Four of the top twenty-one influential researchers in the world live in the St. Louis area.
The researchers are from Washington University in St. Louis and all are in the field of genomics. The findings come from Thomson Reuters ScienceWatch, an open web resource for science metrics and analysis.
Professor Richard K. Wilson is the world’s “hottest” researcher, in part, for a landmark paper, “A Map of Human Genome Variation from Population-Scale Sequencing.” The three other “hot” researchers from Washington University who contributed to the paper and are featured in the Thomson Reuters report include Li Ding, Elaine Mardis and Robert Fulton.
The rankings were compiled based on the number of citations researchers received from their work. Wilson led the pack with fifteen significant works.
Wilson and Li Ding along with Thomson Reuters ScienceWatch.com editor Chris King joined St. Louis on the Air host Don Marsh to talk about genomics research. The goal of such research at the Genome Institute at Washington University, of Wilson is the director and Ding is the head of the Genomics Medical group, is “pushing the limits of academic research by creating, testing, and implementing new approaches to the study of biology with the goal of understanding human health and disease, as well as evolution and the biology of other organisms.”
Developing an Interest in Science Research
The recent financial downturn and the effects of sequestration trouble many researchers.
“I worry about opportunities in high level research. One of the things that is scary to us is that our NIH budget has essentially been flat for several years now. Young investigators both men and women are having a tough time getting their first grants,” Wilson said.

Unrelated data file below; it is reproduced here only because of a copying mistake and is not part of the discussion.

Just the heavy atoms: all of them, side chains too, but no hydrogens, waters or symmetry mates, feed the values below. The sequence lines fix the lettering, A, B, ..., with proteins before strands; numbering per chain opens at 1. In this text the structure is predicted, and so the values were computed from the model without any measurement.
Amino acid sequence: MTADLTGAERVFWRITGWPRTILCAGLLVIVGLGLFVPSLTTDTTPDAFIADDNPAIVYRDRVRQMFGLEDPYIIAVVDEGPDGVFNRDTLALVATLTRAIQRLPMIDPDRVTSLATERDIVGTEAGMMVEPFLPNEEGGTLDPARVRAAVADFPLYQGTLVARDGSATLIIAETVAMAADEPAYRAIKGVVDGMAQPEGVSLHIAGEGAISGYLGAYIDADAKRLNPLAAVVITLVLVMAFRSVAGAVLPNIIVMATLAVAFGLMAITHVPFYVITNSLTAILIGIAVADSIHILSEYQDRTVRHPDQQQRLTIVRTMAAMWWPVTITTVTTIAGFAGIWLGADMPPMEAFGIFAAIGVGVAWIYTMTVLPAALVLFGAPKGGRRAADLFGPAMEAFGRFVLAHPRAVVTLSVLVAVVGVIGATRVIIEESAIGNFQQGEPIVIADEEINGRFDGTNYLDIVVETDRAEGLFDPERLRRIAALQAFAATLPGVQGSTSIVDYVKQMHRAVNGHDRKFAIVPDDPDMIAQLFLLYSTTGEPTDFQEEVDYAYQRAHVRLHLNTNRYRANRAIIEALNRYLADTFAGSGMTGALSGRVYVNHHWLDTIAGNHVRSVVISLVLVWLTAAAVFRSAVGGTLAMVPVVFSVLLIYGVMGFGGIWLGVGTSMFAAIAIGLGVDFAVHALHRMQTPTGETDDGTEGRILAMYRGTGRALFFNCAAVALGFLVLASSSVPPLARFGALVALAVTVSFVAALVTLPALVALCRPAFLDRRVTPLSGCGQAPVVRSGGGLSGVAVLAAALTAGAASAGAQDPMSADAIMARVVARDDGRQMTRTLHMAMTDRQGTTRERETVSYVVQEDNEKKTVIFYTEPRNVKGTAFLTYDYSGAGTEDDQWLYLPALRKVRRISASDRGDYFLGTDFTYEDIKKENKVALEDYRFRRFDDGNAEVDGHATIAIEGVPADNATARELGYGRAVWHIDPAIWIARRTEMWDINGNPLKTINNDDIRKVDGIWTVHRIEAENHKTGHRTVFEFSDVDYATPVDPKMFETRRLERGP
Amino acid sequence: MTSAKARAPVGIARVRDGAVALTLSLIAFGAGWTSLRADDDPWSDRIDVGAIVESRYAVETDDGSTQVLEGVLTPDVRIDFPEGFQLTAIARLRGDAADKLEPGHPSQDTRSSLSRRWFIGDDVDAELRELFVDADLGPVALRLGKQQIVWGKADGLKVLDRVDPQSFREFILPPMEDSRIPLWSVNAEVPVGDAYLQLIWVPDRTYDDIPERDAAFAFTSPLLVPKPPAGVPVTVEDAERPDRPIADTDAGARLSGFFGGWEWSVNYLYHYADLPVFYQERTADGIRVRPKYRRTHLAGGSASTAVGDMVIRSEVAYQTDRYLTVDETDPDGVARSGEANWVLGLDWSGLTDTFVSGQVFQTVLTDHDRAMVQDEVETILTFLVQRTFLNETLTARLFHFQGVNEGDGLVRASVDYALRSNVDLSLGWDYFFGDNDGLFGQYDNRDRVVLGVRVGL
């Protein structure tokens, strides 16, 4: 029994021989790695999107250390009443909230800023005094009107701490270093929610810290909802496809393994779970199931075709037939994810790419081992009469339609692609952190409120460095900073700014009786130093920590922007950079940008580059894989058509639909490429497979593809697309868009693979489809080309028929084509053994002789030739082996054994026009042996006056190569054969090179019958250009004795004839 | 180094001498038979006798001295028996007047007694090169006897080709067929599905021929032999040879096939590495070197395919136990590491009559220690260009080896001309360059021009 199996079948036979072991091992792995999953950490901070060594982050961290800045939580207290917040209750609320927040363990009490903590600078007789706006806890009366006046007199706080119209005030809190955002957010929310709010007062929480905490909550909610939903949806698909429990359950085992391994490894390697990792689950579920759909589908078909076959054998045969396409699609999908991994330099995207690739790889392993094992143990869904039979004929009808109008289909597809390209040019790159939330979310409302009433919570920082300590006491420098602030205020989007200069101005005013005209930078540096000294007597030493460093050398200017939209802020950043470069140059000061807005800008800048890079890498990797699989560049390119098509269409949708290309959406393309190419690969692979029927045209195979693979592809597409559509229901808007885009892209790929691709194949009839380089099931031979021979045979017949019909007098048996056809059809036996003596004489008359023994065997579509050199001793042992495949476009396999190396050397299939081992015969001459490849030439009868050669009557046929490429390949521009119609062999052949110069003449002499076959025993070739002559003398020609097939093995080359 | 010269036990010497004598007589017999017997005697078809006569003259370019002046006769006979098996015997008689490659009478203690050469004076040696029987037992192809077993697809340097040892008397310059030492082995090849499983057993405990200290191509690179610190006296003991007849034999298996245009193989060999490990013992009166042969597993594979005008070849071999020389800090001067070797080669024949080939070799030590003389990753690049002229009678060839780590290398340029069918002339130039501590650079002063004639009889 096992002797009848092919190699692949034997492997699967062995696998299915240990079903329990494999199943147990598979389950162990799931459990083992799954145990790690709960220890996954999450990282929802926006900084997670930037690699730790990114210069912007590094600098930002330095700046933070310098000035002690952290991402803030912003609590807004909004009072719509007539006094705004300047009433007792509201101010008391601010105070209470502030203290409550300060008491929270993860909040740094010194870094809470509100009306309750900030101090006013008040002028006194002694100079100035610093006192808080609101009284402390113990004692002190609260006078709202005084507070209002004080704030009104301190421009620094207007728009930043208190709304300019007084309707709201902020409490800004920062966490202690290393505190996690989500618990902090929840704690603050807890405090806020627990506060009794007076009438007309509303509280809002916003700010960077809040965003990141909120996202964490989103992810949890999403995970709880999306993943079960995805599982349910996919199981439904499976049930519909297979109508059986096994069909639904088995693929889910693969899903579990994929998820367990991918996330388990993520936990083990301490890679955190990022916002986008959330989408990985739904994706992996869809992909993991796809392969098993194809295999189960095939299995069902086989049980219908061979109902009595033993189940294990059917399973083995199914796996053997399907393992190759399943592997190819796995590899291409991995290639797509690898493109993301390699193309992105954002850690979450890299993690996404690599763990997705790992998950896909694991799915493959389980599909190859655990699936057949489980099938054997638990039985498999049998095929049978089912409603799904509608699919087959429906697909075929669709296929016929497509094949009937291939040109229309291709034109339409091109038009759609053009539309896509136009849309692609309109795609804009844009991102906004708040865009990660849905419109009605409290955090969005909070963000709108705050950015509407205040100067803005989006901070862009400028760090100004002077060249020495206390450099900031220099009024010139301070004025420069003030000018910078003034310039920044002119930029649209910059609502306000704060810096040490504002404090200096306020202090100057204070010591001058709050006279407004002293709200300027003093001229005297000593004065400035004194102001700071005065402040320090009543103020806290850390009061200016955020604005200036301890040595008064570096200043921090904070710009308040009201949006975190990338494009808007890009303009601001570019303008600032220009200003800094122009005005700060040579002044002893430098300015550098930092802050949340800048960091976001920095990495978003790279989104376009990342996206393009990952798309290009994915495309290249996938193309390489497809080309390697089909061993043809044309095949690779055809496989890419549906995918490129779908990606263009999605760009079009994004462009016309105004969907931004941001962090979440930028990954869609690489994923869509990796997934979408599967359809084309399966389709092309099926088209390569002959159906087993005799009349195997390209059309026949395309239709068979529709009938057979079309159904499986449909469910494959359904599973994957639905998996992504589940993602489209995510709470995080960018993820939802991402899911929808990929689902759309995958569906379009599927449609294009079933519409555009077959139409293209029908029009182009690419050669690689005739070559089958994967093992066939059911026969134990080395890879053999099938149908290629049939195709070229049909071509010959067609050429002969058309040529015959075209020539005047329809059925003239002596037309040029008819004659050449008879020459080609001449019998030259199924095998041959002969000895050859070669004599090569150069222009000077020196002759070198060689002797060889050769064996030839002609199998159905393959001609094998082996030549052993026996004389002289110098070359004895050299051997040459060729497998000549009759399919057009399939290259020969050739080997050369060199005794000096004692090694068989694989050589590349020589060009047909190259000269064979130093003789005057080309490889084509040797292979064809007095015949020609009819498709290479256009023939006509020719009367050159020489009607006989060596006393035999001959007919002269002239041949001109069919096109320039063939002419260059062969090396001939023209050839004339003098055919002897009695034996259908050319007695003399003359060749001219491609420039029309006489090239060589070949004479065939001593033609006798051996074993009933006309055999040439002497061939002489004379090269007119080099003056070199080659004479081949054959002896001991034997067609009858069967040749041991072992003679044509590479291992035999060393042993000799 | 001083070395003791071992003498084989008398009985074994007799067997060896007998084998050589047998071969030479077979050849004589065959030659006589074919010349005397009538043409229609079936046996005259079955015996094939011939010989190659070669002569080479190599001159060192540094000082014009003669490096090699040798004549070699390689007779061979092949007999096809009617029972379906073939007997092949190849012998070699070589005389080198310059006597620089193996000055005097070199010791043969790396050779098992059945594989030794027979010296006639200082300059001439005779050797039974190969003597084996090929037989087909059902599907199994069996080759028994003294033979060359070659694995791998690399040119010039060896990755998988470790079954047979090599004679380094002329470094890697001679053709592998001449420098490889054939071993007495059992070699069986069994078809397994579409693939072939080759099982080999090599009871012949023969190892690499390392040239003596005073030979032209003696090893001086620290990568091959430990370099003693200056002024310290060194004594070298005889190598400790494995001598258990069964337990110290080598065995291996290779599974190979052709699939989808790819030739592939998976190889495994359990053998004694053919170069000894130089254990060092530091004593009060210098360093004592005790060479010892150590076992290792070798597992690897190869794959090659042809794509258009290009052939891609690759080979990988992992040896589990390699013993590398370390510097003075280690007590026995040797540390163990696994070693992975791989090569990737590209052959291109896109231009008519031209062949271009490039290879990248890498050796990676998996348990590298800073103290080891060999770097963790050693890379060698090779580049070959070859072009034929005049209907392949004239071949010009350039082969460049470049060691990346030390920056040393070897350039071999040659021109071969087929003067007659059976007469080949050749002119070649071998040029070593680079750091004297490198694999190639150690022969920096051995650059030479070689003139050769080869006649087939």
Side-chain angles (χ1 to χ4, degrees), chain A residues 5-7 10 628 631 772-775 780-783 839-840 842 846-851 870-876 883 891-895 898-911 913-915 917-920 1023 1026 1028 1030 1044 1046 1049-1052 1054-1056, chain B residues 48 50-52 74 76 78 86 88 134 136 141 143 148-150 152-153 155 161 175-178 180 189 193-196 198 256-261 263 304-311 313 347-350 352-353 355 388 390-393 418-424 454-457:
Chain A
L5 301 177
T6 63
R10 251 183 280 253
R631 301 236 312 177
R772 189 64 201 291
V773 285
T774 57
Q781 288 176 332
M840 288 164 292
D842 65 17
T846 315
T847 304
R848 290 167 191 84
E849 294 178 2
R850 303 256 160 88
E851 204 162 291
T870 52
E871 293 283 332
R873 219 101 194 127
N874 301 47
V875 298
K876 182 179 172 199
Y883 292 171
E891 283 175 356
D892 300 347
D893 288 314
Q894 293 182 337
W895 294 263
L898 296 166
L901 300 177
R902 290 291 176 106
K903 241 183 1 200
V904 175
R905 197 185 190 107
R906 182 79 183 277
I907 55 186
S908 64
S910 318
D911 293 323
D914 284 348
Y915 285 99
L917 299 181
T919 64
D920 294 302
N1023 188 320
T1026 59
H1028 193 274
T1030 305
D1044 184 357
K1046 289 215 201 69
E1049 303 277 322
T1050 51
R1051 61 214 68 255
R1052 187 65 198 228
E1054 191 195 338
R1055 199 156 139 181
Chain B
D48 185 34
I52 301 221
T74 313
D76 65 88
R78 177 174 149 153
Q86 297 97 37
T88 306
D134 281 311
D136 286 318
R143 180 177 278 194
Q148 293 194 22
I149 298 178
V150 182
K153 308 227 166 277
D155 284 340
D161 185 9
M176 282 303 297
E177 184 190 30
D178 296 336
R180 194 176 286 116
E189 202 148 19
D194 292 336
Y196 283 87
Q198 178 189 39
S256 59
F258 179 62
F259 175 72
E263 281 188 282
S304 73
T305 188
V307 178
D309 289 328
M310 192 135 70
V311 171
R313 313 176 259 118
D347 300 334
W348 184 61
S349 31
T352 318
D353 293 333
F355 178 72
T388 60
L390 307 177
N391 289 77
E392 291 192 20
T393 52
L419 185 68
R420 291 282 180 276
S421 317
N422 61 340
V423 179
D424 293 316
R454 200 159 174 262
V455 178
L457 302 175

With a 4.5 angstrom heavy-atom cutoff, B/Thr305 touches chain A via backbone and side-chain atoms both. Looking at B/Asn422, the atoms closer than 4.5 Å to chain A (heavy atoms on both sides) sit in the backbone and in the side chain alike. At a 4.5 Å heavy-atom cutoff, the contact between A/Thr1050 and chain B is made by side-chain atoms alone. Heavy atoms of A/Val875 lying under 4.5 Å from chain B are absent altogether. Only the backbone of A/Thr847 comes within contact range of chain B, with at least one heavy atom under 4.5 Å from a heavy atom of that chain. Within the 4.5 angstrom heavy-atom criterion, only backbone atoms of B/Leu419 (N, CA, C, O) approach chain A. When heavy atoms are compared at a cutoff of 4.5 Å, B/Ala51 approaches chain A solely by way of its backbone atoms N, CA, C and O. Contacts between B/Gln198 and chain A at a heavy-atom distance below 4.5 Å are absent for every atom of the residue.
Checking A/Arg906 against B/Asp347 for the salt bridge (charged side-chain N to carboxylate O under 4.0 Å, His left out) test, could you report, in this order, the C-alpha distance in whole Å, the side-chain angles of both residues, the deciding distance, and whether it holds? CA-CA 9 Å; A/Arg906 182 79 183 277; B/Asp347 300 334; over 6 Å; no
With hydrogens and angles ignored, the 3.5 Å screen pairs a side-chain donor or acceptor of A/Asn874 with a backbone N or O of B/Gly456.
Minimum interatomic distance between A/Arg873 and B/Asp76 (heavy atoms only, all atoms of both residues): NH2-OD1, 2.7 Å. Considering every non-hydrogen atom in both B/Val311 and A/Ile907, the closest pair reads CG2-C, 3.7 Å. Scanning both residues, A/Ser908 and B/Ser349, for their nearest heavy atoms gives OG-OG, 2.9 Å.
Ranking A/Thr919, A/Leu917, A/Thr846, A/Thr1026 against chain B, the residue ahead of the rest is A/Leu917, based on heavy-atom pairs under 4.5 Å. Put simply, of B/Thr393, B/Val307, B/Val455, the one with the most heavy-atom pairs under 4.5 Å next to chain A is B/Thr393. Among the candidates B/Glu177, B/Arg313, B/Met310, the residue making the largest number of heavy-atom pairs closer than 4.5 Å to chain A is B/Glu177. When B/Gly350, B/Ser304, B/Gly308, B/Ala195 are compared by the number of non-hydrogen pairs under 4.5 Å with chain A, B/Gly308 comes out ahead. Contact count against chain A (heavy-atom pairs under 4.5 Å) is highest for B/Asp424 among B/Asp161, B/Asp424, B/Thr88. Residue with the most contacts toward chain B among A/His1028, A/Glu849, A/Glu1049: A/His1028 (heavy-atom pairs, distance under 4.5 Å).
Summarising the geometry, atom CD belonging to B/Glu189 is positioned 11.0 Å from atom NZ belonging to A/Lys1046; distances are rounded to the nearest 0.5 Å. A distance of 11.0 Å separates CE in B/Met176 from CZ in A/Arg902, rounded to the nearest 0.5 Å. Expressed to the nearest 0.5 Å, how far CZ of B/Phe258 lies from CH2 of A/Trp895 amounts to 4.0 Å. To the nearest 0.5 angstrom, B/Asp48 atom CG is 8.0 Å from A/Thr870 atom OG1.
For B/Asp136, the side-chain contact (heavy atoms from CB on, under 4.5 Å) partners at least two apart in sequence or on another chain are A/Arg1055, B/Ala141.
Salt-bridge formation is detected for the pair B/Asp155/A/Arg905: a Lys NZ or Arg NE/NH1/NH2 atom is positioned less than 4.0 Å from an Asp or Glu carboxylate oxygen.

The financial and political issues are compounded with a general lack of STEM (Science, Technology, Engineering and Math) education in the United States. There are certainly bright spots in this U.S. but growing up in China, Ding said, “Science is really one of the hot majors. I liked mass physics since I was a little girl so it was very natural for me to get into biology and I also agree that in China people pay close attention to science. We are encouraged to pursue a scientific career -- by parents, leaders and teachers.”
Wilson added, “Science isn’t necessarily believed to be cool and when you go to China - I went on a trip a couple of years ago - there is a lot of encouragement and science is seen as a major contributor to society.”
Follow St. Louis Public Radio on Twitter - @stlpublicradio